They’ve raised their two kids here and now they have four grandchildren and five great-grandkids and they all live nearby.

But she says on any given day... she doesn’t know what she’ll smell when she steps outside.

“Sometimes it’s a kerosene odor. Sometimes it’s a horrible stench, like at a slaughterhouse. Sometimes, you’re out in public and people will say, ‘where do you live?’ And they’ll say,’ oh yes, I know that area, that stench, I don’t see how those people live there.’”

“There” is zip code 48217. It’s a corner of Southwest Detroit packed with heavy industry.

There’s the state’s only oil refinery, owned by Marathon Petroleum. The salt mine. The city’s wastewater treatment plant. DTE’s coal-burning power plant. Severstal Steel. And many more.

Delores Leonard grew up just a few streets over, in River Rouge. She remembers asking her dad why people were covering their cars with tarps.

“And he said it was because of the fallout, the pollution. Well, if they’re covering their cars so the paint pigmentation won’t peel, then what happens to the person who lives and who’s breathing all this stuff?”

Like Delores Leonard, a lot of people have lived here their whole lives.

Earlier this week, there was a landslide at a coal-burning power plant in Wisconsin. We Energies operates the plant. On their property, there’s a ravine next to a bluff on the shore of Lake Michigan. That ravine is filled with coal ash.

Coal ash is what’s left over when coal is burned to create electricity and it can contain toxic substances like arsenic, mercury and lead.

When the bluff collapsed on Monday, mud, soil, and coal ash spilled into Lake Michigan.

Barry McNulty is with We Energies.

“The vast majority of the debris including the soils and even coal ash, remain on land today. But a portion of that debris certainly spilled into Lake Michigan, which includes three vehicles, we believe, some coal ash, different soil from the bluff,” McNulty said.

McNulty said they don’t know how much coal ash got into the lake, but he said they are installing booms and using skimmers to clean up the spill.

The cause of the spill is under investigation.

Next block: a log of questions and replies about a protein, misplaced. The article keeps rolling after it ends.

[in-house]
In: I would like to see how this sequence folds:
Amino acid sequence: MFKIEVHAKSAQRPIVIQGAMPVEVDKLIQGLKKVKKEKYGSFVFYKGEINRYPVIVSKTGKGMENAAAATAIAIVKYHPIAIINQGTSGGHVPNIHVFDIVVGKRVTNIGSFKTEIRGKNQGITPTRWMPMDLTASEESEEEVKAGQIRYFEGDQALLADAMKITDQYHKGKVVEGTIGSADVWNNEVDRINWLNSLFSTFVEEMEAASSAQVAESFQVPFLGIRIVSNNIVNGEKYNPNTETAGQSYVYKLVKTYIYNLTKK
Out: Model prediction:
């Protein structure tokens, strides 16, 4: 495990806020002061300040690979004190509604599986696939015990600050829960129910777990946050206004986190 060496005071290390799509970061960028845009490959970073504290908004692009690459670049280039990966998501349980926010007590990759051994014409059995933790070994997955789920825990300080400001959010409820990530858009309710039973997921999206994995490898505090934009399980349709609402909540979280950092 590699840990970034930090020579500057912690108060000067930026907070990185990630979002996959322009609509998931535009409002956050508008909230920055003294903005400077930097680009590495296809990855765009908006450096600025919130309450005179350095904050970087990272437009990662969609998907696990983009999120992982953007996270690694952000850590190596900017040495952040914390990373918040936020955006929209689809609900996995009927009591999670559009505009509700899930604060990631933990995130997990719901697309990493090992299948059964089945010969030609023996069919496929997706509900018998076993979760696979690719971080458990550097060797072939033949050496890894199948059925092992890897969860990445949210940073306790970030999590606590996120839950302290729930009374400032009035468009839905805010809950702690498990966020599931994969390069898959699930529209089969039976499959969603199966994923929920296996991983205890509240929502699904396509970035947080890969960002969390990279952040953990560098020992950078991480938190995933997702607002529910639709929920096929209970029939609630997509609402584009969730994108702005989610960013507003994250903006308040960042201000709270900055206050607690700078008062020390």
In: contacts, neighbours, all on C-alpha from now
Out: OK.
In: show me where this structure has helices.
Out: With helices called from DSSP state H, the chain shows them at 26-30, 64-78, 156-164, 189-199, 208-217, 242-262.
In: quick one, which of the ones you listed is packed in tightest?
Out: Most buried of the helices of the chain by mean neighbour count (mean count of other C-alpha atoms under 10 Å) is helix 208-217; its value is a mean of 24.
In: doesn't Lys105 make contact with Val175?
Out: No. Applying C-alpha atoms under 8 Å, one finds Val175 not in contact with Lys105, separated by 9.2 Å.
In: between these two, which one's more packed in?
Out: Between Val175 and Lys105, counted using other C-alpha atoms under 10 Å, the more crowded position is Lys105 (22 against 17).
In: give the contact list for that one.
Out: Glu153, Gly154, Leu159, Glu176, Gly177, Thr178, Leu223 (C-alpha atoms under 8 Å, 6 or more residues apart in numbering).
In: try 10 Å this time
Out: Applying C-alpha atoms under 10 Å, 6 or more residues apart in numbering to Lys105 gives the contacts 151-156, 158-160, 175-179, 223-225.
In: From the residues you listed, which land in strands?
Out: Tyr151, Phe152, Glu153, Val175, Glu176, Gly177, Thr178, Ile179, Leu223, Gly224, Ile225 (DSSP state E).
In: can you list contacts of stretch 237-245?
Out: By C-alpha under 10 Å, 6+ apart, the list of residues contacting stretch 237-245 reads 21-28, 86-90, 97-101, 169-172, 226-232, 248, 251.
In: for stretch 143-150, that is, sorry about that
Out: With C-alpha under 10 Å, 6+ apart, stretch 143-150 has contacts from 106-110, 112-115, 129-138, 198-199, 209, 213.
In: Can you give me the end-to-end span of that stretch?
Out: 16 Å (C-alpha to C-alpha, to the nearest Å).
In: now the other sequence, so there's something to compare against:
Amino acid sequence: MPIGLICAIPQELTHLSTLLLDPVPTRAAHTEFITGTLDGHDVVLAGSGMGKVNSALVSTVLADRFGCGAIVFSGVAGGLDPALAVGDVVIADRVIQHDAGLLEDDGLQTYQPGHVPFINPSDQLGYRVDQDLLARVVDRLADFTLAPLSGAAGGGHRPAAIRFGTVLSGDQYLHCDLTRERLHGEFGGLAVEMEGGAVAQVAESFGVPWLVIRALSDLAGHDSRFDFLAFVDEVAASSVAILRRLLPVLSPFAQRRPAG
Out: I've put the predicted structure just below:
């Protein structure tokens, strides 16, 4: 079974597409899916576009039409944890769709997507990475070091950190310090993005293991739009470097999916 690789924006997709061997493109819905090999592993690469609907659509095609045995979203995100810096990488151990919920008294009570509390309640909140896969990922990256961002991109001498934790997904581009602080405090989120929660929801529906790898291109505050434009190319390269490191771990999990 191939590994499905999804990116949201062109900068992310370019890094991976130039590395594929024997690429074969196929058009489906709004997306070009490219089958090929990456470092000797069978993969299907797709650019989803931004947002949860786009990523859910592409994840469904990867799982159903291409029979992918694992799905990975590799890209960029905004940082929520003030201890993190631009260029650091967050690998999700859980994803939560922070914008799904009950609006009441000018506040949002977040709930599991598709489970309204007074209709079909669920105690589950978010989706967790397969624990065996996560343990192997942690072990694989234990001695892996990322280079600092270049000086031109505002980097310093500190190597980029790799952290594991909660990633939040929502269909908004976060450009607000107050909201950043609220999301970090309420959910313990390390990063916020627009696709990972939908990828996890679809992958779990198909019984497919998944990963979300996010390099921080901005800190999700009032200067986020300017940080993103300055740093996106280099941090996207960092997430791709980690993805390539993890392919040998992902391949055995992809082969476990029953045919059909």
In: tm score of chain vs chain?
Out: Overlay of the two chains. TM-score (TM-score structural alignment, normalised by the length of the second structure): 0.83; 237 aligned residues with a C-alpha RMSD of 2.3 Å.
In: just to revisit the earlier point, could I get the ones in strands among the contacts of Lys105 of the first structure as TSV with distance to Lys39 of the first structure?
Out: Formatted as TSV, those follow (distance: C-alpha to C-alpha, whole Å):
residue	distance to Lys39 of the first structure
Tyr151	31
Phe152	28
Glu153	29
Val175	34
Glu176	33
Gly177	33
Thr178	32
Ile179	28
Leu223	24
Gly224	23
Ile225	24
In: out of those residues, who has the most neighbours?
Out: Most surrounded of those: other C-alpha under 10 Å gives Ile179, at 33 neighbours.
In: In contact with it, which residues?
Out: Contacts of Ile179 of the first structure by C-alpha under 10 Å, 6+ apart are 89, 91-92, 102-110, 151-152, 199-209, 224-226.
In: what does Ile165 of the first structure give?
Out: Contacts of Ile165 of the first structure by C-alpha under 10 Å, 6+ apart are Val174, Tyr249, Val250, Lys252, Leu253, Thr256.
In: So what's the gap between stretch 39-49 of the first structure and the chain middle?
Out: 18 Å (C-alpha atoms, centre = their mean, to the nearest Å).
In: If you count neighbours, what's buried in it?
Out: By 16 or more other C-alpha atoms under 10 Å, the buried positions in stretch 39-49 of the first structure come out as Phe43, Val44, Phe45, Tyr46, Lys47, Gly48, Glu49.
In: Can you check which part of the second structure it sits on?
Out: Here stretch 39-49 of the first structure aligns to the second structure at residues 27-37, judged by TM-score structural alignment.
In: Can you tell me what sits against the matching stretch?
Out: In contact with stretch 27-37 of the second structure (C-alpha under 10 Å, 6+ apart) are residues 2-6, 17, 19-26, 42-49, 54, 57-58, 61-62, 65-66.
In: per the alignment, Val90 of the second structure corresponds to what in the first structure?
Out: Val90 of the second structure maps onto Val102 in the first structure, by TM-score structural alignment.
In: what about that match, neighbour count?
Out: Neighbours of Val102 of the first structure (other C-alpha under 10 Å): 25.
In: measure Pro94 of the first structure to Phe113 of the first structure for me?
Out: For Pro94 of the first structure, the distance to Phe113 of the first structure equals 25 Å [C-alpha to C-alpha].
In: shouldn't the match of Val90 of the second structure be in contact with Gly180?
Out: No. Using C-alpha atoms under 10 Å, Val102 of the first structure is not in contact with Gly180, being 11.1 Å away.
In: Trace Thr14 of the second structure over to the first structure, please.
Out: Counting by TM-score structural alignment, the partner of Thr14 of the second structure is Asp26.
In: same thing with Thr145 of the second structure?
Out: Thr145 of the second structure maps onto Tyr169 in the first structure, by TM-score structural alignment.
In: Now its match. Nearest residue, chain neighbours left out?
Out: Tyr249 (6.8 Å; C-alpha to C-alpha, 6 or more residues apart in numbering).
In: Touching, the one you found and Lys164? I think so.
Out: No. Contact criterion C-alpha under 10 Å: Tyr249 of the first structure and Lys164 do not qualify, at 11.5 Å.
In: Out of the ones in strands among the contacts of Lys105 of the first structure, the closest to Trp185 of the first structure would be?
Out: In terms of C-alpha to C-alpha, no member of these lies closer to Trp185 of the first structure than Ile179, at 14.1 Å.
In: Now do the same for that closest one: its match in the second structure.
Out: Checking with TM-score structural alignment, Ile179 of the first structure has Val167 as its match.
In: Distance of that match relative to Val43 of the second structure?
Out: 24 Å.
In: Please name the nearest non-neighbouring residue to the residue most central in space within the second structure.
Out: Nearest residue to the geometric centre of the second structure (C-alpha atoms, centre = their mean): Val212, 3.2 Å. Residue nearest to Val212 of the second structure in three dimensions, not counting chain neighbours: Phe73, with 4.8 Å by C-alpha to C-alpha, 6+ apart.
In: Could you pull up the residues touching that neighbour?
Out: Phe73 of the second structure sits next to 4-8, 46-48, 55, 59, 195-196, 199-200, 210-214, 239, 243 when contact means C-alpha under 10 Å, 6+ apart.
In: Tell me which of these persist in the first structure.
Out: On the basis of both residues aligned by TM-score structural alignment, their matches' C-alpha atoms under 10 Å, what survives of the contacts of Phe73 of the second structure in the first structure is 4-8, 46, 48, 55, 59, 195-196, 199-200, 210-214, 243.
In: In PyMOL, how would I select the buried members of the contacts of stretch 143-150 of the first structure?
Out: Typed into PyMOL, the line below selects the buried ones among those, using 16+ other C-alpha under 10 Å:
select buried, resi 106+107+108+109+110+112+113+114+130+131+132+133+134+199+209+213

user Want2Know / Flickr

Governor Rick Snyder met with lawmakers, federal officials and the railroad industry yesterday to talk about the future of rail transportation in our state.

Rick Pluta is the State Capitol Bureau Chief for the Michigan Public Radio Network. He was at the Michigan Rail Summit and he joined me to talk more about this.

So Rick, what did the Governor say?

Rick Pluta: Rebecca, the governor is a big fan of rail service. He says it's a big part of the future of the state.

This is what he had to say to this rail summit:

"This isn't about a piece of rail in Michigan. This is about being the centerpiece of a broader logistical connection that goes all the way from St. Louis to Chicago to Detroit and I would like to see it continue on to Toronto and to Montreal."

Rebecca Williams / Michigan Radio

A lot of people are looking at advanced batteries as the next big industry for the state of Michigan. Especially things like lithium ion batteries that are in your cell phone and laptop... and power most electric cars. Right now there are 17 Michigan companies either producing – or planning to produce – advanced batteries.

And so – with all the buzz about batteries – the Battery Show came to Novi this week.

It’s an international trade show... and the industry’s so new, this is only the second time the show has been held.

“We have critical mass here in Michigan around the battery industry. We are globally significant now.”

That’s Nick Cucinelli. He helps researchers at the University of Michigan build start-up companies around technologies they invent. He’s really into advanced batteries... and the promise they hold for the way we’ll use energy in the future.

Photo by Rebecca Williams

Asian carp have been making their way up the Mississippi and Illinois Rivers toward the Great Lakes for decades. Bighead and silver carp are the species people are the most concerned about.

Government officials are trying to keep the carp out of Lake Michigan. One of the main methods they’re using is electrical shock. There’s a man-made canal near Chicago that connects the Mississippi River system with Lake Michigan. And on that canal is a system of three underwater electric barriers built by the Army Corps of Engineers.